Ipsos released some research on Tuesday about teens and what they do online. It makes me feel better about being in my 40th year ….
Contrary to popular belief, teens are not online as much as they are stereotyped to be, the time they do spend on the Internet is focused rather narrowly on particular types of websites and activities, and their comfort level with technology is actually much lower than adults.
According to Steve Mossop, president of Market Research for Ipsos Reid in Western Canada, “What is surprising about our research is the extent to which it challenges conventional assumptions adults make about the technological sophistication of teenagers. The reality is they spend far less time online than adults with a very limited number of activities like socializing, gaming and music, and their attitudes are surprisingly unsophisticated in terms of their lack of comfort with the technology, concerns about security and privacy, and importance of the internet in their daily lives.”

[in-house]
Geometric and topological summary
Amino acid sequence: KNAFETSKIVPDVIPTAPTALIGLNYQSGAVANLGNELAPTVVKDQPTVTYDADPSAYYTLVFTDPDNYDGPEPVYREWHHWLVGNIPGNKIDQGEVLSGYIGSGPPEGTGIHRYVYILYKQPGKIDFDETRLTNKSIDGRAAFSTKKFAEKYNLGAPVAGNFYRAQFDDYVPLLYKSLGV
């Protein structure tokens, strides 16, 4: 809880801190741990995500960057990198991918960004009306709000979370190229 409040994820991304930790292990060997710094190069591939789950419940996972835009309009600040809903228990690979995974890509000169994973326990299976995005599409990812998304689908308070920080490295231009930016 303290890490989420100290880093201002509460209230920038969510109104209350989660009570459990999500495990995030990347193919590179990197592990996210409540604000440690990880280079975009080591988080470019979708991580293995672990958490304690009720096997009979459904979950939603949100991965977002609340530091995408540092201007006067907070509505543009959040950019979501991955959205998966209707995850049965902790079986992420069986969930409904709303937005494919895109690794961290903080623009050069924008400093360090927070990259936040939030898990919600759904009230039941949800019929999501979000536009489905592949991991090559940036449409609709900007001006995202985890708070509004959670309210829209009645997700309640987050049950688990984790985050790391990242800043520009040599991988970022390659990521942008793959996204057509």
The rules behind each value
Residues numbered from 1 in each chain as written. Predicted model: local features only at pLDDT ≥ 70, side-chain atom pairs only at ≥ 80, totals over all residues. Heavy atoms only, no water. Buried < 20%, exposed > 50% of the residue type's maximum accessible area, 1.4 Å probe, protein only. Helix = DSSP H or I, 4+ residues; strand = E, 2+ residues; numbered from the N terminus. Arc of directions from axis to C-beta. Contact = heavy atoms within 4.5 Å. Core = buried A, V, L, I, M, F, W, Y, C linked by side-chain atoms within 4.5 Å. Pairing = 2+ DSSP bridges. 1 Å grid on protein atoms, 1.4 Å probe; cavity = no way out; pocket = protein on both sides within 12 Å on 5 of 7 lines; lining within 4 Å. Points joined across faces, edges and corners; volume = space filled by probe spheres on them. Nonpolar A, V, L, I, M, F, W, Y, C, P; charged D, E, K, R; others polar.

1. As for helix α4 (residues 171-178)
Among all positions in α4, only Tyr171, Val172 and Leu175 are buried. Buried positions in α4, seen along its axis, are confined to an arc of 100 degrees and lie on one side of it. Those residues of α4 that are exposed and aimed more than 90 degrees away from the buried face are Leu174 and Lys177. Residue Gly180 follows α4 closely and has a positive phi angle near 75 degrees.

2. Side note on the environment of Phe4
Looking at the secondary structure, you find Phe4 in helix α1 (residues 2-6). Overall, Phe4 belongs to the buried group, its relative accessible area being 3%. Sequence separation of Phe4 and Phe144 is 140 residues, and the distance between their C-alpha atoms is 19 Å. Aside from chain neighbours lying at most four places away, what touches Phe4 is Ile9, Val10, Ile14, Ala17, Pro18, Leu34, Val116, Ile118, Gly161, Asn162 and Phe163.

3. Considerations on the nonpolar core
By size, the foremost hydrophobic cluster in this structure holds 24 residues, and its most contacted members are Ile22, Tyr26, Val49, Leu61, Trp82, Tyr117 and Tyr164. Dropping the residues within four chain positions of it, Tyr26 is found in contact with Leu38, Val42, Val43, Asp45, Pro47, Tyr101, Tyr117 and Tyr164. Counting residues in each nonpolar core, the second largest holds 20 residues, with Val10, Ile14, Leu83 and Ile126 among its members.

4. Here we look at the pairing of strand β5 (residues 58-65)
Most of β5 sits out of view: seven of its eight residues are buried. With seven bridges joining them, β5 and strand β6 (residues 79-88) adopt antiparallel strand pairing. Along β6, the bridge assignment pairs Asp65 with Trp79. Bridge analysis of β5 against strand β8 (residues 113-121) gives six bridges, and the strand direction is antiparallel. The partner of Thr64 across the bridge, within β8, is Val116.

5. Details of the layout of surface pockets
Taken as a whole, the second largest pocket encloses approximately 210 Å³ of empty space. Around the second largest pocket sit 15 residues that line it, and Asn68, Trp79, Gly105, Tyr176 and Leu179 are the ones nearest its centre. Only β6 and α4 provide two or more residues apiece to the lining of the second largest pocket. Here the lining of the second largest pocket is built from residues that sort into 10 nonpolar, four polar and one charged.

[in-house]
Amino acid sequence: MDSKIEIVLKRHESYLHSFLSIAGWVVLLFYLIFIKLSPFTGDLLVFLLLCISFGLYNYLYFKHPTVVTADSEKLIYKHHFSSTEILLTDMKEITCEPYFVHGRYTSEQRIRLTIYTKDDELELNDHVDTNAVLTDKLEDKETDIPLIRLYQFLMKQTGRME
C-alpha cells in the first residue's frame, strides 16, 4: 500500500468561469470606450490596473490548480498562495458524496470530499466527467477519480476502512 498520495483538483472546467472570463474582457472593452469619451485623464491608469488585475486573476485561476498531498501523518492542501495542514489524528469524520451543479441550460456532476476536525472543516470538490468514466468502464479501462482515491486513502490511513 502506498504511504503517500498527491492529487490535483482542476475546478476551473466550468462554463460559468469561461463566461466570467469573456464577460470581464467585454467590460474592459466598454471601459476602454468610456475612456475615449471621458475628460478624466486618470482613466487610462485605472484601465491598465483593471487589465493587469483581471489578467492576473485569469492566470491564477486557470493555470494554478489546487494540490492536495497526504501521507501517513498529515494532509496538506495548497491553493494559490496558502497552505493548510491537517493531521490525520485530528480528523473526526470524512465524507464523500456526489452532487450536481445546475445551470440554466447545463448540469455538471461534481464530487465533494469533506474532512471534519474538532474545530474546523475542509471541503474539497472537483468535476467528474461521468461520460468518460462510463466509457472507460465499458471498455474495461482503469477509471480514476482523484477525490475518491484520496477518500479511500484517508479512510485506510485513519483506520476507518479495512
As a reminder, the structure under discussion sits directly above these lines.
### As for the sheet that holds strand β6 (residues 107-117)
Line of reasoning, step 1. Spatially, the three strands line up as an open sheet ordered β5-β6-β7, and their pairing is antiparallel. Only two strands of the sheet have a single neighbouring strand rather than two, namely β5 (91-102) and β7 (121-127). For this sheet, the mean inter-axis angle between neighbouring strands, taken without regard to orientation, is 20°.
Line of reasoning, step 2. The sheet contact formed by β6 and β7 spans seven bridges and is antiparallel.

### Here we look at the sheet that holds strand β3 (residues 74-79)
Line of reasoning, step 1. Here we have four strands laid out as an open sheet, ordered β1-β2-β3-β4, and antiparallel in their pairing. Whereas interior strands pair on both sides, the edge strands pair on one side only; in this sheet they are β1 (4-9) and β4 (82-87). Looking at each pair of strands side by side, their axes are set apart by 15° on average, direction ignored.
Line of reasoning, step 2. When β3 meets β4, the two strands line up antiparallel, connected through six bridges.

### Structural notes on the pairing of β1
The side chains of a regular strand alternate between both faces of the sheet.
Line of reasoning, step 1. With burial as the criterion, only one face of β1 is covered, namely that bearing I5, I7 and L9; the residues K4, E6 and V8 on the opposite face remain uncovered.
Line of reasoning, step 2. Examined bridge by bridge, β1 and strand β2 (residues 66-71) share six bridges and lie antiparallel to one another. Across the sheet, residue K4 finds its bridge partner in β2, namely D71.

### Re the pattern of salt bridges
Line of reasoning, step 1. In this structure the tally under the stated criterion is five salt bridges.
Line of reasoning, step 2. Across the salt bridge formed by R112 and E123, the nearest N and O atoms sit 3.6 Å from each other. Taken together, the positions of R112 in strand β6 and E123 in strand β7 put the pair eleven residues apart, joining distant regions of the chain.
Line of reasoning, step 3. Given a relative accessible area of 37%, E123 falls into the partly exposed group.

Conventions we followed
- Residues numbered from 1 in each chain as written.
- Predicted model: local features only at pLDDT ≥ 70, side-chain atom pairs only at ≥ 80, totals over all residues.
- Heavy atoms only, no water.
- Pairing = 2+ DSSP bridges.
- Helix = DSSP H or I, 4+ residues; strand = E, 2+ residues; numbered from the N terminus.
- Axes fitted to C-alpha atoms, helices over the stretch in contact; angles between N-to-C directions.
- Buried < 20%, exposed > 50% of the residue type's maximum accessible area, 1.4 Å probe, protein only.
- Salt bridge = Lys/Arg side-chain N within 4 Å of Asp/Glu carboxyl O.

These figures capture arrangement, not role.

Why does this make me feel better? Here’s how I spend a lot of my time online: socializing, gaming and music. I’m young at heart!
Seriously though… this study reconfirms the importance of online social networking.
Online socializing is by far, the overwhelming reason why teens surf the net. The majority of teens surveyed (88%) have participated in an online social activity (compared to 70% of adults) and more than half (59%) visit online social networks or communities a few times a week to daily. Many teens report that the Internet is important to their social life (61%) and, among those who visit online social networks or communities, half (52%) say it is important to their day-to-day life.
Participation rates are extremely high (88% for teens, 70% for adults). And the level of investment that teens put into social networking is pretty stunning – well over half of teens say that the Internet is an important part of their social life. Given that adults spend more time online than teens, I would imagine a similar number for that demographic as well.
So I’d say it’s high time for us government communicators to be moving into this space. It’s where our audiences are.